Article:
A new OPEC+ agreement to reduce oil production will unite 23 countries and will last for two years - until May 2022 - with oil output cuts at 10 million barrels per day in the first two months, Russian Energy Minister Alexander Novak said in a statement, adding that G20 talks held on Friday were effective.
"We will need to monitor the situation on the market, it will certainly change and, if necessary, additional measures will be taken, or production will be restored more quickly by countries, in order to prevent, among other things, an oversupply on the market, because of that we must act in the interests of both producers and consumers," Novak said after the G20 meeting was concluded.
Novak also stated that in the second half of 2020, production cuts will be eased to 8 million barrels per day.
"OPEC+ was considering different periods of time for the agreement, but decided that two years is the most effective period. The deal could either be prolonged or shortened depending on how well the market is restored", he said.
The G20 energy minister's meeting on the stabilization of the global energy market took place on Friday and followed the Thursday OPEC+ video conference dedicated to the possibility of striking a new oil output cuts deal.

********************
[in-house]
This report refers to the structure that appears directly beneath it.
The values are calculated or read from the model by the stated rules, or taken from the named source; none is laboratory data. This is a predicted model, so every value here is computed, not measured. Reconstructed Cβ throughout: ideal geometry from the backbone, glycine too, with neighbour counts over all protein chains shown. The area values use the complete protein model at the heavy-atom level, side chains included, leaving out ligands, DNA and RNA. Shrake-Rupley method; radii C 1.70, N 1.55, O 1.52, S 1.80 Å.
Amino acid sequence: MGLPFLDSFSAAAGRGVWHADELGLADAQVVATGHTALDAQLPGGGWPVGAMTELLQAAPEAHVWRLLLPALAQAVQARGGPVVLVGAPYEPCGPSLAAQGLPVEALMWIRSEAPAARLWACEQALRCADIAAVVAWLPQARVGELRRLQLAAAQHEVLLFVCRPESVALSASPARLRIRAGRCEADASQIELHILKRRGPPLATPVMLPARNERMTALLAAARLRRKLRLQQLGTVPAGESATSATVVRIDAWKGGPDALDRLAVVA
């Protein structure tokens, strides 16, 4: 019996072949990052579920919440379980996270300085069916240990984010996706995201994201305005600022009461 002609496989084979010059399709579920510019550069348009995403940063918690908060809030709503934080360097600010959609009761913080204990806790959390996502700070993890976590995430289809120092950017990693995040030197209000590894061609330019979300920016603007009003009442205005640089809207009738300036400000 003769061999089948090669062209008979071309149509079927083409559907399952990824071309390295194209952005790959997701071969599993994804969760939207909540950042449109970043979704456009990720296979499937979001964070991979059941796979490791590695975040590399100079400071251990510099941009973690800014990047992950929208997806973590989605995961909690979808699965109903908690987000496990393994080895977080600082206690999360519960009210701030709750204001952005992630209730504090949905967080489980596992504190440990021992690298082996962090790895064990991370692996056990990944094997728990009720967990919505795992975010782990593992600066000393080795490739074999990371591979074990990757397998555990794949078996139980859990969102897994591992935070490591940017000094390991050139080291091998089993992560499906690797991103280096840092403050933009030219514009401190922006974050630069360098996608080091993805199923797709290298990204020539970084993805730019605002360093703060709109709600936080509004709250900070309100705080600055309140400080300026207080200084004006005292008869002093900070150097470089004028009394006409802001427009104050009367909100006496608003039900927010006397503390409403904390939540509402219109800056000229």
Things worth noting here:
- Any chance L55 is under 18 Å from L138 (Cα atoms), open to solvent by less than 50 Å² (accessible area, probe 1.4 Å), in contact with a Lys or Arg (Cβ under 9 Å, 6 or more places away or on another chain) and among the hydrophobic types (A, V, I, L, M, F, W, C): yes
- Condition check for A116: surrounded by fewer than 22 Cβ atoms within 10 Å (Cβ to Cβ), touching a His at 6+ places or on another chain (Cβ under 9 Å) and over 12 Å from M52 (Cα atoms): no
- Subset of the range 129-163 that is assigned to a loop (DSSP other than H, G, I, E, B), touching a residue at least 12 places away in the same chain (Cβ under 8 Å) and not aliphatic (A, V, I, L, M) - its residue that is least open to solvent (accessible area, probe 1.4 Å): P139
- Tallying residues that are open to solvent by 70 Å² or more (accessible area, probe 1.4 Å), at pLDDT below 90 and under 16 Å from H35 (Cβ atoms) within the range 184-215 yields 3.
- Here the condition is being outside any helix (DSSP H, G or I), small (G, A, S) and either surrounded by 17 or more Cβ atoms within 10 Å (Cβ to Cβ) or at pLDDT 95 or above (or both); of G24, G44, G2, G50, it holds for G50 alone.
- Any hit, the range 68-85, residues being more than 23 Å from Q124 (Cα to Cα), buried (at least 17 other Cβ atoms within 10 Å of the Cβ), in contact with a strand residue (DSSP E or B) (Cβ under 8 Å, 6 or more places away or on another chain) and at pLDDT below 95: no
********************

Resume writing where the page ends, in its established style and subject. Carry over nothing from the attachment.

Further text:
OPEC+ talks held on Thursday finished with the adoption of a new declaration on cooperation envisaging a three-stage oil production reduction, which was accepted by all states except Mexico.
Earlier, US President Donald Trump said that the United States would cut oil production to make up difference for Mexico and the country would reimburse later, stating that "helping Mexico to meet OPEC demands will not cost the US anything".
"It’s a small amount for us, it’s a large amount for Mexico, but it’s a very small amount for the United States being the biggest producer, so we agreed to pick up some of the slack of the amount for Mexico," Trump said in a press briefing. "So, Mexico is going to reduce by 100,000 barrels and that would mean that they are 250-300 barrels short, we’d make up the difference, they would reimburse us at a later date."
The OPEC+ deal, as well as that in effect before 1 April, involves 10 OPEC countries: Algeria, Angola, Congo, Equatorial Guinea, Gabon, Iraq, Kuwait, Nigeria, Saudi Arabia, and the United Arab Emirates. Three more OPEC members — Iran, Libya and Venezuela — are still exempted from production cuts due to sanctions and diplomatic challenges.
There are also ten so-called non-OPEC observer states in the deal — Azerbaijan, Bahrain, Brunei, Kazakhstan, Malaysia, Mexico, Oman, Russia, Sudan, and South Sudan.